Multifamily permitting continues to slow in the still hot Austin market, dipping almost 3,800 units for the year to 21,033 units total, while Washington, DC jumped 6,642 units from last January to permit a total of 20,529 units for the year.

Phoenix remained in the #7 spot on the top 10 permitting list with 17,909 units permitted, about 2,700 more than last year. Los Angeles also remained in the same spot as last month at #8 with 16,614 units permitted, virtually unchanged from December but up 3,455 units for the year. Minneapolis-St. Paul and Seattle switched places at #9 and #10, with Minneapolis increasing their annal permitting by 3,340 units to 15,848 units, while Seattle slowed by 3,618 units to total 14,759 units through the 12-months ending January 2023.

Despite a national trend of slowing multifamily permitting, eight of the top 10 multifamily permitting markets increased their annual totals from the year before and they were generally large increases, ranging from a low of 1,298 units in New York to 13,776 additional units in Atlanta. Six of the top 10 markets increased multifamily permitting by at least 3,300 units over last year’s pace. Of the top 10 markets, only Austin and Seattle had decreases from last year.

Other large markets outside of the top 10 that saw significant year-over-year increases in annual multifamily permitting in the year-ending January were Tampa (+8,263 units), San Antonio (+4,288 units), Richmond (+3,248 units) and Raleigh/Durham (+2,769 units).

Smaller markets with big increases include Cape Coral-Fort Myers, FL (+2,713 units), Deltona-Daytona Beach-Ormond Beach, FL (+2,515 units), Sioux Falls, SD (+1,971 units), Akron, OH (+1,647 units), Crestview-Fort Walton Beach-Destin, FL (+1,435 units), Lincoln, NE (+1,388 units), Salem, OR (+1,266 units) and Worcester MA (+1,252 units).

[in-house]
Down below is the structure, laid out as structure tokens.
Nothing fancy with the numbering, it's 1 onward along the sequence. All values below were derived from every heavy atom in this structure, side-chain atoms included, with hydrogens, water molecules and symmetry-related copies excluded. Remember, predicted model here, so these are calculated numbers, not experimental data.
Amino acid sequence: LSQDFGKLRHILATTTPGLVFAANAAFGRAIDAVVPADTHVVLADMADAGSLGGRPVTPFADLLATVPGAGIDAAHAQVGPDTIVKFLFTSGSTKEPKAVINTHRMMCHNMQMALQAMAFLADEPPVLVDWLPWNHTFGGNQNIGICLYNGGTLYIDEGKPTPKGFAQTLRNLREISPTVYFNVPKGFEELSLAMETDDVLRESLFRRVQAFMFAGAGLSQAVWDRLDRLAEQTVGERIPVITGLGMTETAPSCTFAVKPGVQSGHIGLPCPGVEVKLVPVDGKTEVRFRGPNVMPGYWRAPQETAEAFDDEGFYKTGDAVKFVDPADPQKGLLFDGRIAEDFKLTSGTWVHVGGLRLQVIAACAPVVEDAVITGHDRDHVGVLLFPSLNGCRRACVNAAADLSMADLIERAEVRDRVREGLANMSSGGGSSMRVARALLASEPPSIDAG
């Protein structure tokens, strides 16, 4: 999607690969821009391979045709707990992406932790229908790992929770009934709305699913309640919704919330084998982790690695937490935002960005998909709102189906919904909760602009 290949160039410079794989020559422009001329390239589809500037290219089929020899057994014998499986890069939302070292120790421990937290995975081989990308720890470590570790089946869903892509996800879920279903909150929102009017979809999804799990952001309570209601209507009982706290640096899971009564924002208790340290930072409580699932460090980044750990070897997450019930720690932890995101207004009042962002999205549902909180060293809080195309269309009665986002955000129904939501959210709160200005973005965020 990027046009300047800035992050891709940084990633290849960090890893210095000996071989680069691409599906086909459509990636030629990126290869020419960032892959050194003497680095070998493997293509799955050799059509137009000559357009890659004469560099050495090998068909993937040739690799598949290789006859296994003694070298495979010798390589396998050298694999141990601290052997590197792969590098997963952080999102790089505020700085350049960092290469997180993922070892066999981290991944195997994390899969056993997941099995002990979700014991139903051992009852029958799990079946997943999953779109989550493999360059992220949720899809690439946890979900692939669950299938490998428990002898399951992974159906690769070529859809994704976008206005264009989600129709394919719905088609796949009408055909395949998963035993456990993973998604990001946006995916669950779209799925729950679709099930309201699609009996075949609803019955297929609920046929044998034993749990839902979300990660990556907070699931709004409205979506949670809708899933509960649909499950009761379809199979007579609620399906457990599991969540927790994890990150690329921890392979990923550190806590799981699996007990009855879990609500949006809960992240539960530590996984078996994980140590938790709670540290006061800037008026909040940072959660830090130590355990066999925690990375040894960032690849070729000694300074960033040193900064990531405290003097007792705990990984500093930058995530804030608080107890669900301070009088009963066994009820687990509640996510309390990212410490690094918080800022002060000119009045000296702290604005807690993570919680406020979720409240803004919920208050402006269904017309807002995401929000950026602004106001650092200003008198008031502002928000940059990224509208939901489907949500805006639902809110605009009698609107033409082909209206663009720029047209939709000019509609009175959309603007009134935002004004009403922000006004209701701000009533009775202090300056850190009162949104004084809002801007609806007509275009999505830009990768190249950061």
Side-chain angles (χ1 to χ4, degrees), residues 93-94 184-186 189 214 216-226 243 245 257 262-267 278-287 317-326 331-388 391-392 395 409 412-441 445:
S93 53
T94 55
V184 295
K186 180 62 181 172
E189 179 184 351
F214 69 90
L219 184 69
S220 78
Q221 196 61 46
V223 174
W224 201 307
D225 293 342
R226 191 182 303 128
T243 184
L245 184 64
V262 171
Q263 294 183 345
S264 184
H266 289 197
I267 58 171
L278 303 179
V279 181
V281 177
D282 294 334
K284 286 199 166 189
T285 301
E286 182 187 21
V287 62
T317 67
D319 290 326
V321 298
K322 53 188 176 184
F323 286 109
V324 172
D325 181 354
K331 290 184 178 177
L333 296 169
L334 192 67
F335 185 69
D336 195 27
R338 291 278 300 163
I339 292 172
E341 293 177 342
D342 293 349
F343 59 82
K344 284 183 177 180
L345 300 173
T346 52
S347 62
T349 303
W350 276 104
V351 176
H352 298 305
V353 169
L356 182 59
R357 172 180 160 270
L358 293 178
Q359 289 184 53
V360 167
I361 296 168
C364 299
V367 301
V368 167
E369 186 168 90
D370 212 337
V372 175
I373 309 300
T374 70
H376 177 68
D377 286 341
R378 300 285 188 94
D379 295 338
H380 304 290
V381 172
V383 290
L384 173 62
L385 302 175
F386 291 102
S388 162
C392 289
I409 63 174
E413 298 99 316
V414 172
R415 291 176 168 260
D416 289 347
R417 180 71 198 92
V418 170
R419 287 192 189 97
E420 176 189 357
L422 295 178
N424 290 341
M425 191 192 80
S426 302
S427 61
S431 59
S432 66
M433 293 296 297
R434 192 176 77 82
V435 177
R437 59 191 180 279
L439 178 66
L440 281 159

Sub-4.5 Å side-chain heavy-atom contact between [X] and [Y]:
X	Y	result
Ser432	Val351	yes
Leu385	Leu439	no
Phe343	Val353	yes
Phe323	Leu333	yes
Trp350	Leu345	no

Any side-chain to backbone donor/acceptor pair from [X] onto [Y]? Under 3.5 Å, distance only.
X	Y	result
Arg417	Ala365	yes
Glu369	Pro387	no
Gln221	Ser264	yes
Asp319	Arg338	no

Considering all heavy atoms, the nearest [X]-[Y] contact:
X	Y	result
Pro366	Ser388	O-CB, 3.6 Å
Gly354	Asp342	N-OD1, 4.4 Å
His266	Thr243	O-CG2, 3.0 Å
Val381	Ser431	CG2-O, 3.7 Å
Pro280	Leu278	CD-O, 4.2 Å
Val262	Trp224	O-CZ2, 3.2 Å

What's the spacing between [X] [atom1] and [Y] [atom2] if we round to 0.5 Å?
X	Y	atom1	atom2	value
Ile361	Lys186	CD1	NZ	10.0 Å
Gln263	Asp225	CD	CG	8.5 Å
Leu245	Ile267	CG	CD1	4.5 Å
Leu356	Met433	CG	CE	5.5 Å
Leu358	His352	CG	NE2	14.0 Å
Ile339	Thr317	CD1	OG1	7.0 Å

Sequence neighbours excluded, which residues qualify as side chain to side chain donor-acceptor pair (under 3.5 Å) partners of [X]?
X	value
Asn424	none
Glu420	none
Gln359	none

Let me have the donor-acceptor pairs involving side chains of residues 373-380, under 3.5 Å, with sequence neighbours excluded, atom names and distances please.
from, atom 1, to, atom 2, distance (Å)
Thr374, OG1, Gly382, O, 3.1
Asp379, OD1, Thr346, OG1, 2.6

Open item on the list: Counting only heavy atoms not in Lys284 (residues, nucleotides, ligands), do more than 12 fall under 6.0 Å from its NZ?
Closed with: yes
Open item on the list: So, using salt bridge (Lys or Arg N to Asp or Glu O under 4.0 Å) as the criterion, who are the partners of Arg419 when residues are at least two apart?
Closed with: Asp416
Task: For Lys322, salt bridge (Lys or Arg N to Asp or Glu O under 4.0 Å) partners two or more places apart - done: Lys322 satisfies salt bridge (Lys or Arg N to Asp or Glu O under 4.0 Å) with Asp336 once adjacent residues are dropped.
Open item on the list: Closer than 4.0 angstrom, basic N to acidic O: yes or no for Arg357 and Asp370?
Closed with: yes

Significant slowing in annual multifamily permitting occurred in Philadelphia (-19,591 units), Nashville (-13,054 units), Charlotte (-2,958 units), Salt Lake City (-2,076 units), Denver (-2,000 units), Oakland (-1,831 units) and Fort Lauderdale (-1,501 units).

The annual total of multifamily permits issued in the top 10 metros – 216,291 – was about 24% more than the 175,163 issued in the previous 12 months. The total number of permits issued in the top 10 metros was almost equal to the number of permits issued for the #11 through #41 ranked metros.

Below the metro level, all of last month’s top 10 permit-issuing places returned to this month’s list with five remaining in the same place and several others changing places. The list of top individual permitting places (cities, towns, boroughs, and unincorporated counties) generally include the principal city of some of the most active metro areas.

The city of Austin remained in the top spot with a permitting total of 14,304 units. The unincorporated portion of Houston’s Harris County remained at #2 with 12,839 units permitted, while the city of Atlanta was close behind with 11,137 units permitted for the year.

The city of Houston moved up two spots to #4 with 9,177 units permitted and the cities of Phoenix and San Antonio slipped one spot each but permitted 9,012 units and 8,793 units, respectively. The city of Washington (District of Columbia) moved up two spots to #7 with 7,731 units permitted, surpassing Denver at the #8 spot with 7,264 units permitted for the year.

Unincorporated Hillsborough County (Tampa) moved down two spots to #9 with 7,209 units permitted and the city of Raleigh retained the #10 spot, permitting 6,350 units. The cities of Austin, Phoenix, San Antonio, and Raleigh were the only top 10 permitting places on January’s list to see a decline in permitting from December’s annual total.